September 2018: Nature Watch
Recently, friends of ours spent a baking hot afternoon cooking a Thai curry for us, which really is above and beyond!
Their sweltering labour was made even more challenging by a surprising amount of attention from the local honey bees. Now, if honey bees must go and pester somebody it might as well be them as they keep bees themselves (though not locally – it wasn’t their bees they had attracted) but by the time we arrived there were hundreds of bees gathered in their kitchen.
We sat in the warm garden, relatively bee-free, but as soon as the curry was served... well, let’s just say that bees do indeed make a bee-line for things. Our friends put it down to lemon-grass, which is apparently irresistible to honey bees, or perhaps to the ambrosial combination of lemon-grass and honeycomb (which they had recently gathered from their hives). We ate delicious Thai curry in a cloud of bees, with dogs romping at our feet (unperturbed by the sudden local prevalence of buzzing insects) and not one of us got stung.
As we left, after dark, bee numbers in the kitchen had dwindled to a dozen or so and we spotted at least three oak bush crickets – (attracted by the light, not the lemon-grass). They are bright green insects, 2-3 cm long with hair-like antennae close to twice that length. Their active antennae irresistibly suggest some kind of alien intelligence investigating a novel environment and they are amongst my favourite insects.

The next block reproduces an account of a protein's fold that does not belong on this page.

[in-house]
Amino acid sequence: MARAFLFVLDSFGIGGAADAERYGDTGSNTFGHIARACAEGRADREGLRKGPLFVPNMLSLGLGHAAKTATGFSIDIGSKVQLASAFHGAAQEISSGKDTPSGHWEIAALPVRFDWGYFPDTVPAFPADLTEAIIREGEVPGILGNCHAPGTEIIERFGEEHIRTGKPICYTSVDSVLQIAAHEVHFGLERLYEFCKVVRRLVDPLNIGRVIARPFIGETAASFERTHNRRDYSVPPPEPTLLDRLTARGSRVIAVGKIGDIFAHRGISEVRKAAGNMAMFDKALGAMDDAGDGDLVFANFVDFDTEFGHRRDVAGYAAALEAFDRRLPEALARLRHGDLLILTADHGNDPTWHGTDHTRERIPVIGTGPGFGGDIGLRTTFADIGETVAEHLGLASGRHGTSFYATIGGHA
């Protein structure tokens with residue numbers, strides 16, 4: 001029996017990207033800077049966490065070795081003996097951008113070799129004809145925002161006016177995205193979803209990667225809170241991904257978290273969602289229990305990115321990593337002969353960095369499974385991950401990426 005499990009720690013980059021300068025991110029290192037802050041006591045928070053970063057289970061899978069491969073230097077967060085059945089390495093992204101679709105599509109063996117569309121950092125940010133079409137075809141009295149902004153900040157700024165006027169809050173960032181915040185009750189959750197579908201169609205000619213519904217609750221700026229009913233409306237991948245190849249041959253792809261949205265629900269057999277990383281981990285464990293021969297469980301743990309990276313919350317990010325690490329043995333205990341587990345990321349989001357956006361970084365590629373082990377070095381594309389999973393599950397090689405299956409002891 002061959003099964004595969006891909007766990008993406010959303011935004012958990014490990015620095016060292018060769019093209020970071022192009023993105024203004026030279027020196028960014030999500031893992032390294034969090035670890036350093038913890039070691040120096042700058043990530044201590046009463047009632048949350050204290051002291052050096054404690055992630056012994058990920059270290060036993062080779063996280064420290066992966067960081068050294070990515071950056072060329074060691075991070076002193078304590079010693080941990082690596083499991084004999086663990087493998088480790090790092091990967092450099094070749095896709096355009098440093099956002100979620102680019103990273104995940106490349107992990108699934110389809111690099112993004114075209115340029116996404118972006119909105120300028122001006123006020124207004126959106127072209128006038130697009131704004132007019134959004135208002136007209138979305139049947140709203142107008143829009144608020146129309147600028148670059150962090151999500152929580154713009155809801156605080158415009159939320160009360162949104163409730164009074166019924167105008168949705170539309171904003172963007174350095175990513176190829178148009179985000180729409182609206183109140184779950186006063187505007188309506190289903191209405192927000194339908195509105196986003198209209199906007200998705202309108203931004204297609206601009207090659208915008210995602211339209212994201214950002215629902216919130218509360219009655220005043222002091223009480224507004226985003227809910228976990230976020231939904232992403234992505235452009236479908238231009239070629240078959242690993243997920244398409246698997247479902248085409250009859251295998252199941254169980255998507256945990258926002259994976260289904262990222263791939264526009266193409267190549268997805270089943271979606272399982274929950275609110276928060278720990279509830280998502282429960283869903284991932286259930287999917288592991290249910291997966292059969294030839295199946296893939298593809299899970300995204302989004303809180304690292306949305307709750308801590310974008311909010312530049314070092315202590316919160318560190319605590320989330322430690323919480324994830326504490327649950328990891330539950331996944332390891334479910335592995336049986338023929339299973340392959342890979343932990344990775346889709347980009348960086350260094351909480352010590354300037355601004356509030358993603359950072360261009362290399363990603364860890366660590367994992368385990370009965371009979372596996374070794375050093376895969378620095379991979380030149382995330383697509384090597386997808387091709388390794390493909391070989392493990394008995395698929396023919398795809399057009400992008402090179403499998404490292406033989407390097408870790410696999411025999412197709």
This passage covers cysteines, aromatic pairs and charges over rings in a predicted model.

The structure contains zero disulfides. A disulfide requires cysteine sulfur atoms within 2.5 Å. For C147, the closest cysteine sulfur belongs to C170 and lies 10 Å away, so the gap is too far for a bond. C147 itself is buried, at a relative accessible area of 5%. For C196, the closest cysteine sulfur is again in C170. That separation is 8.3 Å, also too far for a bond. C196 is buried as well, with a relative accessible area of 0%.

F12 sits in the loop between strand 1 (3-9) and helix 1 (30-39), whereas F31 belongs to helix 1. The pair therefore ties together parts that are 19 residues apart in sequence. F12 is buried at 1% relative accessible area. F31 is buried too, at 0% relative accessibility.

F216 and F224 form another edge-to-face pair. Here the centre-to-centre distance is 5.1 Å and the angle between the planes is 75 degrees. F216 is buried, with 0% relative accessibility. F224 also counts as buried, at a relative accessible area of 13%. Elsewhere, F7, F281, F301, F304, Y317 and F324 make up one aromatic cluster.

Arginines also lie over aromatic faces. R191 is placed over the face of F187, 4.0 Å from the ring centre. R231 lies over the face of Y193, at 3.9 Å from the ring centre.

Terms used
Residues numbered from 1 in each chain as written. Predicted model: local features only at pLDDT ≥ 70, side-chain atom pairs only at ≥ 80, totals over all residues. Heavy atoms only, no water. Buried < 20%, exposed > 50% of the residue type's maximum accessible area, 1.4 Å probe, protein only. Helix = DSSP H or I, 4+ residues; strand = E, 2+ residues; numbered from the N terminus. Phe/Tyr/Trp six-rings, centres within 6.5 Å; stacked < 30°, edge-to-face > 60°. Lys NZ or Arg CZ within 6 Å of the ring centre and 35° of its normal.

The bee invasion passed off without incident but sometimes, no matter what kind of a wildlife freak you are, things can get creepy. We had been aware of a nasty niff in the front garden... you could hardly miss it. Something had died there and it seemed to be something rather large (like a fox or possibly a whale) but our wildlife-friendly plot, tangled with bramble, is not conducive to detailed investigation. We sent dogs in to reconnoitre but they returned with nothing but a shame-faced expression (I don’t feel their hearts were in it). The dead thing had to stay where it was. Well, the morning after the close encounter with bees, we found our front path crawling with maggots. They crunch underfoot in a most disturbing fashion.
We returned to the house around lunch-time (maggot population somewhat reduced, presumably some birds struck it lucky) and my partner called out that he had an even worse invasion to report. On opening the guinea pig hutch he had found himself face to face with a rat! Beyond retreating to a corner, the guinea pigs had been unmoved – apparently the rat had not been there long enough to pick a fight – and they were now sitting grumpily (but safely) in a box. The rat had fled, the rat-carved hole in the hutch was under repair. The comment of our youngest offspring on the recent proceedings was most succinct: “they get bees and bush crickets,” she said, “we get maggots and rats!”